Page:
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United States Court of Appeals, Eleventh Circuit.

Success JUMBO, Savior B. Samuel, Brian Bake, Amiyenkumo Emmanuel, Ruth Ofua, Roseline Atuin, Kehinde Batife, Jeffrey Ogbudu, Idowu Ijanboh, Tamarraubibibogha Gunuboh, Emmanuel Opokuma, Demian Udaka, Mathias Mumboh, Philip Mezeh, Obo Saka, ThankGod Harold, James Ogoniba, Apiri Obanaba, Stanley Chukwuemeka, Victor Diamond, Jimmy Iwezu, Faith Doutimiwei, Promise Owei, Manfred Pepple, Diffa Prekebina, Emmanuel Azibakanye, Daubotei Ugowonni, Kelvin Akono, Daniel Harold, Ifeoma Okoro, Oluwabukola Jayeola, Justina Amuso, Victoria Nwidum, Lolia Soberekon, Tariere Okuba, Godsgift Moses, All Plaintiffs, Plaintiffs-Appellants, v. ALABAMA STATE UNIVERSITY, Federal Republic of Nigeria, Defendants-Appellees.

No. 18-13326

Decided: January 30, 2019

Before, ED CARNES, Chief Judge, MARCUS, and ROSENBAUM, Circuit Judges. Julian Lenwood McPhillips, Jr., Chase Elliot Estes, McPhillips Shinbaum, LLP, Montgomery, AL, Anthony Chuma Ifediba, Ifediba Law Group, Birmingham, AL, for Plaintiffs-Appellants Ramadanah Maryum Salaam-Jones, Kenneth L. Thomas, Joi C. Scott, Alabama State University, Office of General Counsel, Montgomery, AL, for Defendant-Appellee Alabama State University Leah W. Chege, Chege Law Firm, Clay, AL, for Defendant-Appellee Federal Republic of Nigeria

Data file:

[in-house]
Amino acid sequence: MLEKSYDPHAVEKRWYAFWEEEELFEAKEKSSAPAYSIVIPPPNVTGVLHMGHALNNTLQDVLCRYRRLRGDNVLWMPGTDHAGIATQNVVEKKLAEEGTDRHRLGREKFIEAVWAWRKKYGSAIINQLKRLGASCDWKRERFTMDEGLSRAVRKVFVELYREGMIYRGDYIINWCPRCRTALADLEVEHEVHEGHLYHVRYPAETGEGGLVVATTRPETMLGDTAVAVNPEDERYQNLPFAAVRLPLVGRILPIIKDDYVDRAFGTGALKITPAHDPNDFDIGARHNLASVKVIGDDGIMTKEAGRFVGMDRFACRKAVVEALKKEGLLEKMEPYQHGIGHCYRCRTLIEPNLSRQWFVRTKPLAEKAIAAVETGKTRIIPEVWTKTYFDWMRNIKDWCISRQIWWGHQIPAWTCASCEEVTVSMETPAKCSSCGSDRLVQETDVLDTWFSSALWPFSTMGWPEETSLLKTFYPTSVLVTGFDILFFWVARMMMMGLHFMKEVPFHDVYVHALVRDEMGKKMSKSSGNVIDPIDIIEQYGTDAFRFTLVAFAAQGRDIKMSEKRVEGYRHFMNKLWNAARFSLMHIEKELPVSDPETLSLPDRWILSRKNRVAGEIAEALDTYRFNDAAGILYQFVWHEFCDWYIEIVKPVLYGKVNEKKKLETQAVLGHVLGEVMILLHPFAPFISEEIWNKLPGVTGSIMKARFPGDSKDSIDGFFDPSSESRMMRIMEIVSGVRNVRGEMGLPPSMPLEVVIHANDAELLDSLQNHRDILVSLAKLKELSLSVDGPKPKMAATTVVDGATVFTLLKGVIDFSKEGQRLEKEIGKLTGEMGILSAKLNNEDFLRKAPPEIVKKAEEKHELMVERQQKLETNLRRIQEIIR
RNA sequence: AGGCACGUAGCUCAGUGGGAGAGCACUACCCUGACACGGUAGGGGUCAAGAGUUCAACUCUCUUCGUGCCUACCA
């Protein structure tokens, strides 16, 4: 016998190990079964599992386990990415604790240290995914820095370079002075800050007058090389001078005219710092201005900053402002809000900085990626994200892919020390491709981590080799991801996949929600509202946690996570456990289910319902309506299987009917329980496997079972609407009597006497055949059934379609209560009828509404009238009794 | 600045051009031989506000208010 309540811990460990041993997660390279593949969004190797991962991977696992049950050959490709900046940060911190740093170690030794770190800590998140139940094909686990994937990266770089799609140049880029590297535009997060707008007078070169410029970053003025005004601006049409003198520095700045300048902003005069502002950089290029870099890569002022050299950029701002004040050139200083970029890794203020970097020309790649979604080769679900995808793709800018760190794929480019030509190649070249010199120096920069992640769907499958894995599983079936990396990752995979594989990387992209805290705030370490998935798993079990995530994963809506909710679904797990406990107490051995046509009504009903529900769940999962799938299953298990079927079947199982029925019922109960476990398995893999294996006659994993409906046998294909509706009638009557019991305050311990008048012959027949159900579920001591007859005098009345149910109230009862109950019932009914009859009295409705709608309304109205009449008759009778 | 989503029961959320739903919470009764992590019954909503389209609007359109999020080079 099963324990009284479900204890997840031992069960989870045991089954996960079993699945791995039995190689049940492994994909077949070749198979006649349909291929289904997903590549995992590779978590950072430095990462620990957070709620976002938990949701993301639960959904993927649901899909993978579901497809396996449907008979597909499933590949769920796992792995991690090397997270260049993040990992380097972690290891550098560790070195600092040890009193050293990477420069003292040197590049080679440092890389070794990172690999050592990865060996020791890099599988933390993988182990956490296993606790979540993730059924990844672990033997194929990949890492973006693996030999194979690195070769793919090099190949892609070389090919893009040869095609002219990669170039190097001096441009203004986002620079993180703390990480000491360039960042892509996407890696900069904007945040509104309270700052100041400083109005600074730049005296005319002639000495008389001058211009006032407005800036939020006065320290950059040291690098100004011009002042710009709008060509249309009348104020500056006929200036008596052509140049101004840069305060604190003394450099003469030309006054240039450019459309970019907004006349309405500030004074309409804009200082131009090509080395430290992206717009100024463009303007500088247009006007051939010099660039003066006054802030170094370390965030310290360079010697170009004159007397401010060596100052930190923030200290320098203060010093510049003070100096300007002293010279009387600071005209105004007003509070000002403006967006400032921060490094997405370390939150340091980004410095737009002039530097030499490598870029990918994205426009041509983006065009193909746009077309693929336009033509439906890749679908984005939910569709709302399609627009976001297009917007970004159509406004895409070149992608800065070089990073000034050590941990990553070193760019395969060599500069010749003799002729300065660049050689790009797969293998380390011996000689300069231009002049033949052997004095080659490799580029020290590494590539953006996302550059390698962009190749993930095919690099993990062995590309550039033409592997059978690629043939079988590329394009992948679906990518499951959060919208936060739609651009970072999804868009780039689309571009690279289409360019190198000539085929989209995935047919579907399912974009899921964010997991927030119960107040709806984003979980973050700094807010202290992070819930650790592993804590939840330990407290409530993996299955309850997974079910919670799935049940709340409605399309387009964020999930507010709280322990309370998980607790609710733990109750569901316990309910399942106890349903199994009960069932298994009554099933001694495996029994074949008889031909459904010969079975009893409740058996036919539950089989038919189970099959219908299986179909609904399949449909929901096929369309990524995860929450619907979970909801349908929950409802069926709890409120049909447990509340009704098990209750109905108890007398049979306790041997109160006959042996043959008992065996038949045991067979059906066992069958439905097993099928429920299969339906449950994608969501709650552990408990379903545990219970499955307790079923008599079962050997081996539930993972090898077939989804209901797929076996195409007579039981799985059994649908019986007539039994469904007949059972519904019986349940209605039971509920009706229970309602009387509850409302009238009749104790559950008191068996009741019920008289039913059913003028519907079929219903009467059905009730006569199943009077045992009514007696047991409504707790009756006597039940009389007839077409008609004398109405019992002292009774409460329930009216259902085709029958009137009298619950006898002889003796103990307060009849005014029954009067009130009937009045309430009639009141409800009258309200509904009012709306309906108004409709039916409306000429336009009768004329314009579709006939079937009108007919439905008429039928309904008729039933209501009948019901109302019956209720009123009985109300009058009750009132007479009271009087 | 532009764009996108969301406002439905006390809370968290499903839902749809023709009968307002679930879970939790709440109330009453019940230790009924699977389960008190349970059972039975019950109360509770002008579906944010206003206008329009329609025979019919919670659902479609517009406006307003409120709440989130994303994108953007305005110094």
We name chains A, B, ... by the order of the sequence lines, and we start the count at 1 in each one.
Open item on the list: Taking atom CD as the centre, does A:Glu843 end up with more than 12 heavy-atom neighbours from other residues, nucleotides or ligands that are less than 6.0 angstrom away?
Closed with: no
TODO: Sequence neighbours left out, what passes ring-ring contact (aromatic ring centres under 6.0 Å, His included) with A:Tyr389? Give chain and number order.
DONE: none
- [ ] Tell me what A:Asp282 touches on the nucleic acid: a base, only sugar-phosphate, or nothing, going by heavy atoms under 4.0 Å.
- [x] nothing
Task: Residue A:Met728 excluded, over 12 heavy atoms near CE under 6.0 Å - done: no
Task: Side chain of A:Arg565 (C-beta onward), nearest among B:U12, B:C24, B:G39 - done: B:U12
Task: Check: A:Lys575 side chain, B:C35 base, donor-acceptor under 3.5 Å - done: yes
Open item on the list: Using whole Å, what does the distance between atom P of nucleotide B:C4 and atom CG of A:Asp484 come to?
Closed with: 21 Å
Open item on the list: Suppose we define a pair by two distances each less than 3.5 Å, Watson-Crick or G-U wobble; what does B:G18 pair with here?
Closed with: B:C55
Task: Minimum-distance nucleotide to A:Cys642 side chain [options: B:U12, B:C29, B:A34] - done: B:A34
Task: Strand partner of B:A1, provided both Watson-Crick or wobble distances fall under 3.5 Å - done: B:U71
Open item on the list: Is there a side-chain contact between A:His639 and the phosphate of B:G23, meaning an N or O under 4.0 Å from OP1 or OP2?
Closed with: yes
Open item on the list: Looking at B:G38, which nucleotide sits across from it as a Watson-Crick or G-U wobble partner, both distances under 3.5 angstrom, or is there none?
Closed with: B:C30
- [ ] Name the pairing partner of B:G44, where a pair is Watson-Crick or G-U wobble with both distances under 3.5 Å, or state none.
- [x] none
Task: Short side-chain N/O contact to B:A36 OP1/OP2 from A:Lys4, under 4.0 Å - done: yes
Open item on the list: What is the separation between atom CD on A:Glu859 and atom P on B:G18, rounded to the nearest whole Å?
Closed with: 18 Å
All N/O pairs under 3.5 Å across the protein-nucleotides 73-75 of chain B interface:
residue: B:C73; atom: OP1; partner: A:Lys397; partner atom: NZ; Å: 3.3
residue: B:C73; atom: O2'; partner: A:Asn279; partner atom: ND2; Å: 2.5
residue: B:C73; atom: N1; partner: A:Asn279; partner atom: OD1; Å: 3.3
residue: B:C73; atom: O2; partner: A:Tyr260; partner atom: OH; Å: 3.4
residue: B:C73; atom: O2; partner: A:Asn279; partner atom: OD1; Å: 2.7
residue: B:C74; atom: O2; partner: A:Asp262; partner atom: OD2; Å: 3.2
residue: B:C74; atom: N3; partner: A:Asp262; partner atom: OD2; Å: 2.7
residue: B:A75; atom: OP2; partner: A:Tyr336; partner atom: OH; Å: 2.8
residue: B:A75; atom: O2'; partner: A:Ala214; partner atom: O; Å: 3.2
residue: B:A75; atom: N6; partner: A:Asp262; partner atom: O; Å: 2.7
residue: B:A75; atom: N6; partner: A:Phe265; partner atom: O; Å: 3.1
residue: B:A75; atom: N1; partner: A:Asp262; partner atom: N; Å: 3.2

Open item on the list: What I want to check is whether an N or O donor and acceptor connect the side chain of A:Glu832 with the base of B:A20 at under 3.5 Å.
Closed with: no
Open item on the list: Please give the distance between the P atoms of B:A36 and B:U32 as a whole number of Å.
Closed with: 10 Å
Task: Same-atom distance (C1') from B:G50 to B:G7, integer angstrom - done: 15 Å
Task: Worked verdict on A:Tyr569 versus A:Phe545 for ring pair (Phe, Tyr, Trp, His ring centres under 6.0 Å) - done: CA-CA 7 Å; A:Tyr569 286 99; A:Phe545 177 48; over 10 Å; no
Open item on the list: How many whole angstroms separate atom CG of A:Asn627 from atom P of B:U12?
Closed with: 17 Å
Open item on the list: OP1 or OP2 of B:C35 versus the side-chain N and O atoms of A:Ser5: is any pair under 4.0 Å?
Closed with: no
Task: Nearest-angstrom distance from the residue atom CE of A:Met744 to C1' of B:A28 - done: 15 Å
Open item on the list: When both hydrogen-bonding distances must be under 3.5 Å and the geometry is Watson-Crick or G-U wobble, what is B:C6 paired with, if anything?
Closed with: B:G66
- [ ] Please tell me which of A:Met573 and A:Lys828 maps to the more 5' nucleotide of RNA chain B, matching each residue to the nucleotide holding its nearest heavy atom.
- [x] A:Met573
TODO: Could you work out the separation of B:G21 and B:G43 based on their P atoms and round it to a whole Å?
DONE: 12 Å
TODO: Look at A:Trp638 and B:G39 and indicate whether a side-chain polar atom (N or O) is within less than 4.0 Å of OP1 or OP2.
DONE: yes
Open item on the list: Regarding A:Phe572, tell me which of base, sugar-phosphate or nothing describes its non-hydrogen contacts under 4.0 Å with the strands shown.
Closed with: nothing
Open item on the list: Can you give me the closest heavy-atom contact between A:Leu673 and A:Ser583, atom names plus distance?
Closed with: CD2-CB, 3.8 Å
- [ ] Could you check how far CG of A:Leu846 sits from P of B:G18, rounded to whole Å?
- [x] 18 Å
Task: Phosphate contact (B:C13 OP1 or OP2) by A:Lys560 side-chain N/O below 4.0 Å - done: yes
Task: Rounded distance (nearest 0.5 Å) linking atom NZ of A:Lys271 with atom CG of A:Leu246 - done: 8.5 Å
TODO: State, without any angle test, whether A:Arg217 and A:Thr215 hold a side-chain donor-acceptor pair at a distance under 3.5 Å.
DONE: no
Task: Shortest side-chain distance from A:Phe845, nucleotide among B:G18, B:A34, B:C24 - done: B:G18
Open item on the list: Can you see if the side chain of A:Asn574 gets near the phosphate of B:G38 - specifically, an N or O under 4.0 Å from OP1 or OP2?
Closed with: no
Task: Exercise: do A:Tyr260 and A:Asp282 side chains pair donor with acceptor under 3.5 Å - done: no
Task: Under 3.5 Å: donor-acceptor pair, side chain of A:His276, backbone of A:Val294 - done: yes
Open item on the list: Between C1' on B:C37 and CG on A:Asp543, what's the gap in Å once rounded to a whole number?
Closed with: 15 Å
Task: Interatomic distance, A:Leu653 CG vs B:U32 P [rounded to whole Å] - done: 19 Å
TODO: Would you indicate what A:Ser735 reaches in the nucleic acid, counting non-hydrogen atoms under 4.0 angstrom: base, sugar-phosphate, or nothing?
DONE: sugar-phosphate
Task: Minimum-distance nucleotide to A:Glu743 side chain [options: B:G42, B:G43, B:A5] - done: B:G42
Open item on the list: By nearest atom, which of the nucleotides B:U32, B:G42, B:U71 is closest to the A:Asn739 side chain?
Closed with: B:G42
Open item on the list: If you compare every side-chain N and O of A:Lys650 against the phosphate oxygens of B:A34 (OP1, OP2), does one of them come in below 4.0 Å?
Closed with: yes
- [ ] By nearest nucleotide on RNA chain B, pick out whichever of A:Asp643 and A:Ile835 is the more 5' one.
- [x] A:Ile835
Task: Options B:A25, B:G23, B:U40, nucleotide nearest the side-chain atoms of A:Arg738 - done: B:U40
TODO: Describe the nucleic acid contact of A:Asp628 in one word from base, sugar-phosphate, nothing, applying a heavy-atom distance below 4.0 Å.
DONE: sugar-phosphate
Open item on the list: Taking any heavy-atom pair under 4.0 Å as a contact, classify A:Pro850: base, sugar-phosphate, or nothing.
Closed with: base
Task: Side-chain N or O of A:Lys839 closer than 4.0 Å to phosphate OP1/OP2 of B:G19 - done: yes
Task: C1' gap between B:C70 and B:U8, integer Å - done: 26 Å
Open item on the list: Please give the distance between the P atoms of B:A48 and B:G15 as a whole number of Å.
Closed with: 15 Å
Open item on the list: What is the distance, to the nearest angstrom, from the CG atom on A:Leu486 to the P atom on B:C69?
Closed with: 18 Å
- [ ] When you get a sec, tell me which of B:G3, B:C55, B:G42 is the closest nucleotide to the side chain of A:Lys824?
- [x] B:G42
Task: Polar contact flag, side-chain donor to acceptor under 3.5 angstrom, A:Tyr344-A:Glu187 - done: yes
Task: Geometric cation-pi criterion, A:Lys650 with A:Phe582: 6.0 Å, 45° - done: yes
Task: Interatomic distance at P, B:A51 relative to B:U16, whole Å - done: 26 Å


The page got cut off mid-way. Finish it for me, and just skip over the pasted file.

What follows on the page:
A number of Nigerian students filed a complaint against Alabama State University contending that it improperly withheld scholarship funds that the Federal Republic of Nigeria provided for them. The district court granted summary judgment to the university. This is the students’ appeal.


In April 2013 two university representatives, Stephen Havron and David Iyegha, went to Nigeria to discuss the admission of Nigerian scholarship students. Iyegha testified that they reached an oral agreement that the students would be “treated as out-of-state students” and that “all charges would be set accordingly.” The following month Nigeria sent a letter to the university confirming that it was “providing full scholarship[s] (covering tuition fees, books, supplies, insurance, room/boards, living expenses, and other incidentals)” for the students.

After thirty-four Nigerian students matriculated, Nigeria wired scholarship funds directly to the university, which placed the funds in a deferred revenue account. The university then established individual accounts for each student. It transferred funds from the deferred revenue account to individual student accounts as each student registered for classes, purchased books, signed up for housing, and incurred other expenses. University officials testified that these students were not charged an amount for each of these expenses different from the amount that would be charged to other non-Nigerian students.